Motion-capture cameras, computer software assist skaters with jumps
According to a recent poll, almost a fourth of Americans say figure skating is their favorite Olympic sport.
But while most of us just sit back and enjoy the show in all its grace, beauty, and athleticism, Jim Richards zeroes in on the skaters' "air position."
From his decades of skating research, Richards, Distinguished Professor of Kinesiology and Applied Physiology at the University of Delaware, knows that proper air position is critical to successful jumps.
A computer simulation developed by Richards's team at UD in collaboration with Maryland-based C-Motion Inc. enables skaters and their coaches to observe an athlete's actual movements on a computer screen and then see how those movements can be manipulated to improve jumping technique.
"The best part is that within just a few minutes, we can show them how making a small but specific change can effect a big change in terms of their ability to land their jumps and avoid repeated falls," Richards says.
The system looks almost ridiculously simple on the computer screen: two little mannequins, one representing the actual skater and the other a mathematical model of that individual.
"After years of fine-tuning the motion capture system, collecting data, and writing software, the end result was almost anticlimactic," Richards says. "All that work went into producing those two little figures."
But Richards learned the hard way that simplicity was what the figure skating world needed. "Initially, we used a lot of tables and graphs and charts to describe recommended performance changes, but these ended up having little value to the skaters or their coaches," he says. "We couldn't translate numbers and graphs into useful information for them—we needed something that was more visual."
Over the past several years, some 80 elite figure skaters have turned to the simulation for valuable feedback on how they can turn doubles into triples and triples into quadruples. This group includes four of the five U.S. Olympic singles skaters competing this month in Sochi—Jeremy Abbott, Jason Brown, Gracie Gold, and Ashley Wagner. More than a dozen of the skaters who have used the system have already won medals at national competitions.
While physics may pave the path to better skating, Richards quickly discovered that the simulation alone wasn't enough. While the program's advice was physiologically sound, it wasn't psychologically realistic. Richards recalls that only one skater in the dozens he has worked with was actually able to see the simulation and nail the suggested change on the first try.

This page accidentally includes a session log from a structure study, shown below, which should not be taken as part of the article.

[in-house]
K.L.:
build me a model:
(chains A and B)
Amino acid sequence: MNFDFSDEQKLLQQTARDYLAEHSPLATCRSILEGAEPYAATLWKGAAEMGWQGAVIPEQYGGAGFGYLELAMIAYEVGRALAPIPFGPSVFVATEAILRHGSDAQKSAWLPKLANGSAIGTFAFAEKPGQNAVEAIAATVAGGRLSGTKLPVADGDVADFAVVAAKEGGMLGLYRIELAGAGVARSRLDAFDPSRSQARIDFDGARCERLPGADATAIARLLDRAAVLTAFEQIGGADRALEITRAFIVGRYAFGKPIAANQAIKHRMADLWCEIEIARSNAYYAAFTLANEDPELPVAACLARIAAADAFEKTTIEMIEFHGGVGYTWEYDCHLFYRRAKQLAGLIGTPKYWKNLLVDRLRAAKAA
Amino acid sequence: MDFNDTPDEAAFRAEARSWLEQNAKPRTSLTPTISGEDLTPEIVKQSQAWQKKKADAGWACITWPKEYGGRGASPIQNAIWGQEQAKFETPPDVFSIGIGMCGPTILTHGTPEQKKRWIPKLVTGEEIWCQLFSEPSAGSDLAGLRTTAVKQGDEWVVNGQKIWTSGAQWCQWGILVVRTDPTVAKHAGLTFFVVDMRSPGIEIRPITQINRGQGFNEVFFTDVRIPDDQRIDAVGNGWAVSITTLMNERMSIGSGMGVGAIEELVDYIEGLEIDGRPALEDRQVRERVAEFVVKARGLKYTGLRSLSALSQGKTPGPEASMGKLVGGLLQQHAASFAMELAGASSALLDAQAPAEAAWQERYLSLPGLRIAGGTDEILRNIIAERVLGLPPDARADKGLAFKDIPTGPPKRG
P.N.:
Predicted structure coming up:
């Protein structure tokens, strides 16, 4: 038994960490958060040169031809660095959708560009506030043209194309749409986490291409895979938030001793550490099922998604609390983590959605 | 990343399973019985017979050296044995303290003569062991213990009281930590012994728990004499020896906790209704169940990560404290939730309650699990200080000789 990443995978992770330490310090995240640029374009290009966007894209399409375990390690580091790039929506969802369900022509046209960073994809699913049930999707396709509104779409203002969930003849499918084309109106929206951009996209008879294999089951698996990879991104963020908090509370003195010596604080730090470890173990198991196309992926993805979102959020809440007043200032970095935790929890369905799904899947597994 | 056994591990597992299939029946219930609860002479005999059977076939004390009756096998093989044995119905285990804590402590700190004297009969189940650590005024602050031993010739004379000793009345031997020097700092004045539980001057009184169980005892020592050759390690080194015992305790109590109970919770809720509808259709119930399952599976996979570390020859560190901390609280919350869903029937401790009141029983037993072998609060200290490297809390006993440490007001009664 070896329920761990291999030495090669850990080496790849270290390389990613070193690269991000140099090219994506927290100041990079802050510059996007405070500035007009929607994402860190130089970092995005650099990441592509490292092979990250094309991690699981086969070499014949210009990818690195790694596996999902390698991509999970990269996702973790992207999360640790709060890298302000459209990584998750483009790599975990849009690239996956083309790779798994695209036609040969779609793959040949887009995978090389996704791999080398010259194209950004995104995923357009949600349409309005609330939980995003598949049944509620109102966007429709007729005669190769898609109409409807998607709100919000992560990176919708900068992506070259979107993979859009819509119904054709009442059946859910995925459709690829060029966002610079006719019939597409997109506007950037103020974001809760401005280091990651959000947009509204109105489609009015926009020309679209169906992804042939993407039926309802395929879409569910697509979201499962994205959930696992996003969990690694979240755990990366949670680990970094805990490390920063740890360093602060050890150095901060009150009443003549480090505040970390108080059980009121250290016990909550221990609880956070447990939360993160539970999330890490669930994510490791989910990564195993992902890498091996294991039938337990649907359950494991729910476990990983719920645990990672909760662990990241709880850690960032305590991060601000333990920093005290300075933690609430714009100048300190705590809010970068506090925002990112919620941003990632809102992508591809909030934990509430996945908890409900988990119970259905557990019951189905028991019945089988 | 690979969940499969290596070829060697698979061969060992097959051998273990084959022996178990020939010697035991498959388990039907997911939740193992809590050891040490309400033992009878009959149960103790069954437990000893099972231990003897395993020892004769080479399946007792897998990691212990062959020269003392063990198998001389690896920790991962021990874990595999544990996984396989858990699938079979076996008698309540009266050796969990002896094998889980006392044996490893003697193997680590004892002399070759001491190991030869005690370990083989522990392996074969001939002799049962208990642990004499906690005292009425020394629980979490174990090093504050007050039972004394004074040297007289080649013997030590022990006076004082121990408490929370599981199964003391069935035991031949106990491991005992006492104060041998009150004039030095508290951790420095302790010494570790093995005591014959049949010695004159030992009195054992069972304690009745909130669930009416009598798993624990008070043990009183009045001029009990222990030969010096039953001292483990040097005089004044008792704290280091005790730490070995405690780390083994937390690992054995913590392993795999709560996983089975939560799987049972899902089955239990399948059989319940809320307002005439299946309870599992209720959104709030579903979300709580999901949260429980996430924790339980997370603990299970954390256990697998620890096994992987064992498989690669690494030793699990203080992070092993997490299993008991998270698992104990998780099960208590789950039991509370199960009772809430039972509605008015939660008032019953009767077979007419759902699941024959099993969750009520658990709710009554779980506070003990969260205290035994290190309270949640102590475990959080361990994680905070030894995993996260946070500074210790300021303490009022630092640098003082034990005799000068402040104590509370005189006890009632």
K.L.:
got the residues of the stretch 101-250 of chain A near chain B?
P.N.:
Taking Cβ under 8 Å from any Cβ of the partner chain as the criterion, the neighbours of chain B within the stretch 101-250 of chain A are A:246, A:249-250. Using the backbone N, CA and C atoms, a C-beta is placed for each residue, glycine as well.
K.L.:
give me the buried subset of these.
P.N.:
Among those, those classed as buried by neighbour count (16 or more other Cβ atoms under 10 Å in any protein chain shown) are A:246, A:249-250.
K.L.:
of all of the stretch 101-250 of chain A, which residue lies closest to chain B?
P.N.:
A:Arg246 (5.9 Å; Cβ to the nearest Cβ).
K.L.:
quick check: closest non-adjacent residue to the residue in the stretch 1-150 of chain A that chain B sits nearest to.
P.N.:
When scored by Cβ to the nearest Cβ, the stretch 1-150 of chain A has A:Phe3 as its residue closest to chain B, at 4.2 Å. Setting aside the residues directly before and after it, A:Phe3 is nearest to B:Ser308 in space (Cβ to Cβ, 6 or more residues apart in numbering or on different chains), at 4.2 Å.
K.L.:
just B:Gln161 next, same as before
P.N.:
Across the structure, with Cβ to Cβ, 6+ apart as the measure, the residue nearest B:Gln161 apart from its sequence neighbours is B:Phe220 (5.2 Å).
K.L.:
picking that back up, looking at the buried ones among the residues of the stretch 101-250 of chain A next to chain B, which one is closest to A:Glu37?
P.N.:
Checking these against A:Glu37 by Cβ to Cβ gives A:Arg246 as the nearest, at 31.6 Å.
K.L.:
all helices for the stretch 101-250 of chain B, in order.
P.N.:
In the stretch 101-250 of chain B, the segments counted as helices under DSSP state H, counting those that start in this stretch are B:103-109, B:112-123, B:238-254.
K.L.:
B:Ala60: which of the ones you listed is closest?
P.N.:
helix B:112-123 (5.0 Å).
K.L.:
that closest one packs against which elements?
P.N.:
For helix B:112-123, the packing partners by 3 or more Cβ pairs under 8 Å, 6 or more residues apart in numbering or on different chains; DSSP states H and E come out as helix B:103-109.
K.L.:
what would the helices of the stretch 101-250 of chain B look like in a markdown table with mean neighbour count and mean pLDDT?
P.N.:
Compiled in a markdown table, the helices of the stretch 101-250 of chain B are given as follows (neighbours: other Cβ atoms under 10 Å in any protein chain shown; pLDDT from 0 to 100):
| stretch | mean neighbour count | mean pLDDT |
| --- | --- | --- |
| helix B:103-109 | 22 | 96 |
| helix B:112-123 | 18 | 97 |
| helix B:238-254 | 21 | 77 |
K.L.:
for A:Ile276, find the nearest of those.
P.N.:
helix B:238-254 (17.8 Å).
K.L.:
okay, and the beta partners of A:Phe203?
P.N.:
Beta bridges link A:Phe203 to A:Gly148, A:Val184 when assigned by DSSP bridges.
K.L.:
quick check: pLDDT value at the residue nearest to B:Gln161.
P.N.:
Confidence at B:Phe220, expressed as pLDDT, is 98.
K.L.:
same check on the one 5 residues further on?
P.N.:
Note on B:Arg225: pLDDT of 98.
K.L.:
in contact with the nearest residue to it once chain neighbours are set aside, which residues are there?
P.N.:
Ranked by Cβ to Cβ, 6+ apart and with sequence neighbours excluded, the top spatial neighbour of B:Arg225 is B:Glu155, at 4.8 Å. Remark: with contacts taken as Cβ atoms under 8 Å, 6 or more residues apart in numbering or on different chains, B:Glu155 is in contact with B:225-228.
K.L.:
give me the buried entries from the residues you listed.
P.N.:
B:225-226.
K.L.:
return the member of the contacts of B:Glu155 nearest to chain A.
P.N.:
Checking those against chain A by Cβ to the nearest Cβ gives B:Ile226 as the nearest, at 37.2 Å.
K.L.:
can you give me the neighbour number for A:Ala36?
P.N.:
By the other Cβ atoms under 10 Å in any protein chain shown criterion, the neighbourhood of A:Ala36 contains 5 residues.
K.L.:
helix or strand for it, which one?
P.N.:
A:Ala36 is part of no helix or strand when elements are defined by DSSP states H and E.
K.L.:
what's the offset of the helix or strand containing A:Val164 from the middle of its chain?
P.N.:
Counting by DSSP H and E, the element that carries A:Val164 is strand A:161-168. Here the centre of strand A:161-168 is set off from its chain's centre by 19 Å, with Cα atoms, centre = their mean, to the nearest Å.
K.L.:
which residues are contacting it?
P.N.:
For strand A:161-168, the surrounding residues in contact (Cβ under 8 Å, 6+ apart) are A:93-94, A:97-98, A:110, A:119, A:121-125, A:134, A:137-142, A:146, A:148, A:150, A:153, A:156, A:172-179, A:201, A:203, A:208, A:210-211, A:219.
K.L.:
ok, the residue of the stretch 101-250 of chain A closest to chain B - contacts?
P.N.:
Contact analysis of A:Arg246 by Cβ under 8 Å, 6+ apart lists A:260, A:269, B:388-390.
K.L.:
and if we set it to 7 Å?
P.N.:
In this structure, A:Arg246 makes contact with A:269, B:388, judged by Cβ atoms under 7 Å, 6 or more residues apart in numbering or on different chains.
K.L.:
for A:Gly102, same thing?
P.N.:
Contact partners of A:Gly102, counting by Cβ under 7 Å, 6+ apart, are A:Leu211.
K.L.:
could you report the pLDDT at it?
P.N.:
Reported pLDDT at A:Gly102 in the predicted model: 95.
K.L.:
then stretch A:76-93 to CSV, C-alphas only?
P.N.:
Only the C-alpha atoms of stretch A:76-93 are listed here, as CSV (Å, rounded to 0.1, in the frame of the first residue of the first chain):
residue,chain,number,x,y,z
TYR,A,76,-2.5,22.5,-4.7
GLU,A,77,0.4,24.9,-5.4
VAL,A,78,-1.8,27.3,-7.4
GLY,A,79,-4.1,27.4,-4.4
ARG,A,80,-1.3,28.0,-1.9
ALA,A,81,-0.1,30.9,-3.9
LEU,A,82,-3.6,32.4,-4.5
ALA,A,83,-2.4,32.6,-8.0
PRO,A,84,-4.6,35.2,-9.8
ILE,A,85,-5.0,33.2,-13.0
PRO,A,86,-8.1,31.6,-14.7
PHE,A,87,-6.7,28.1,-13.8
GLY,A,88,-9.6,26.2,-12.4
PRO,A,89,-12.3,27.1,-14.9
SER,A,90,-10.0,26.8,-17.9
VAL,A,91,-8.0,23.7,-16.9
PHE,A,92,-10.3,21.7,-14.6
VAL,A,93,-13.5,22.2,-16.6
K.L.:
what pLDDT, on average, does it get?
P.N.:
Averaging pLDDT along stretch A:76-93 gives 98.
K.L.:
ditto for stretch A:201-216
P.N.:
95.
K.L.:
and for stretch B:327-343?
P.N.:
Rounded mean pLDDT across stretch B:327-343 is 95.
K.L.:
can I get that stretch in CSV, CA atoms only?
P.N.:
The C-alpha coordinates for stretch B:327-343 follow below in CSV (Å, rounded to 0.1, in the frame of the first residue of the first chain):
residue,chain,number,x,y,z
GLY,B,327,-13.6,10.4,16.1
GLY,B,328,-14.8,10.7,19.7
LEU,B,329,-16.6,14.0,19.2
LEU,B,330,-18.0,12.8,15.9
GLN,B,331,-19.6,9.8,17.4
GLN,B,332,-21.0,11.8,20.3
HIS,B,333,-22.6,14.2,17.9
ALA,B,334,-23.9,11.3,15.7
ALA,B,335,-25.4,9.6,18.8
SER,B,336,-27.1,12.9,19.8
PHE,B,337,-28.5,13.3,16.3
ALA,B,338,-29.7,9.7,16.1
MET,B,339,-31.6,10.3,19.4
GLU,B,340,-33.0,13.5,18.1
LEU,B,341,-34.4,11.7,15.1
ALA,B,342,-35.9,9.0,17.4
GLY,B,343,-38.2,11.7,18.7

"What we found was that the skaters had a spinning comfort zone of about 330 RPM (revolutions per minute), and we were trying to get them to at least 400 and even to 430 or 440 for a quad," he says. "Their bodies were telling them it wasn't safe, so we realized we needed to strategize with them about how to accomplish more rapid spinning. It wasn't enough to just tell them what to do—we also had to tell them how to do it."
Richards has been called a sports researcher, but that's not totally accurate. Like many defense technologies that have transitioned into the civilian world, his simulation has applications far beyond the realm of elite skating.
A couple of years ago, he began working with clinicians at Shriners Hospital for Children in Philadelphia to explore the use of the technology in treating a condition called brachial plexus birth palsy (BPBP).
Occurring in about four out of every 1,000 births, BPBP affects nerve roots in the cervical spine, impacting muscle function in the shoulder and the arm. Most children recover on their own, but about 30 percent are left with lifelong deficits in arm function that require therapy or surgery. The problem with treatment is that movement of the scapula, commonly known as the shoulder blade, is incredibly difficult to measure.
But as it turns out, another simulation under development by Richards and his team shows promise for helping doctors determine what will happen if they move a tendon from one point to another in an individual patient.
Although Richards reluctantly accepts his few weeks of fame every four years when the skaters who have visited his lab at the ice arena on the UD campus vault into the limelight, he's gratified that his work is finding new applications in the medical field.
He also believes that the technology could be applied to a broad range of other sports, but to the best of his knowledge this hasn't happened yet.
"Two aspects of this system are unique," he says. "The first is that we're taking a mechanical analysis of human motion and immediately using it to impact performance. The second is that the simulation confers the ability to mimic an activity and see what will happen if you make a change."
Simulations have been widely used to improve athletic equipment. For example, the bobsleds, luge sleds, and skeleton sleds used by Olympians have all been modernized and optimized by engineers using motion capture technology, 3D modeling, and wind-tunnel testing.
But it's the human element that takes center ice for Richards.
"I think our kids are in good shape for Sochi," he says. "Their air position is good."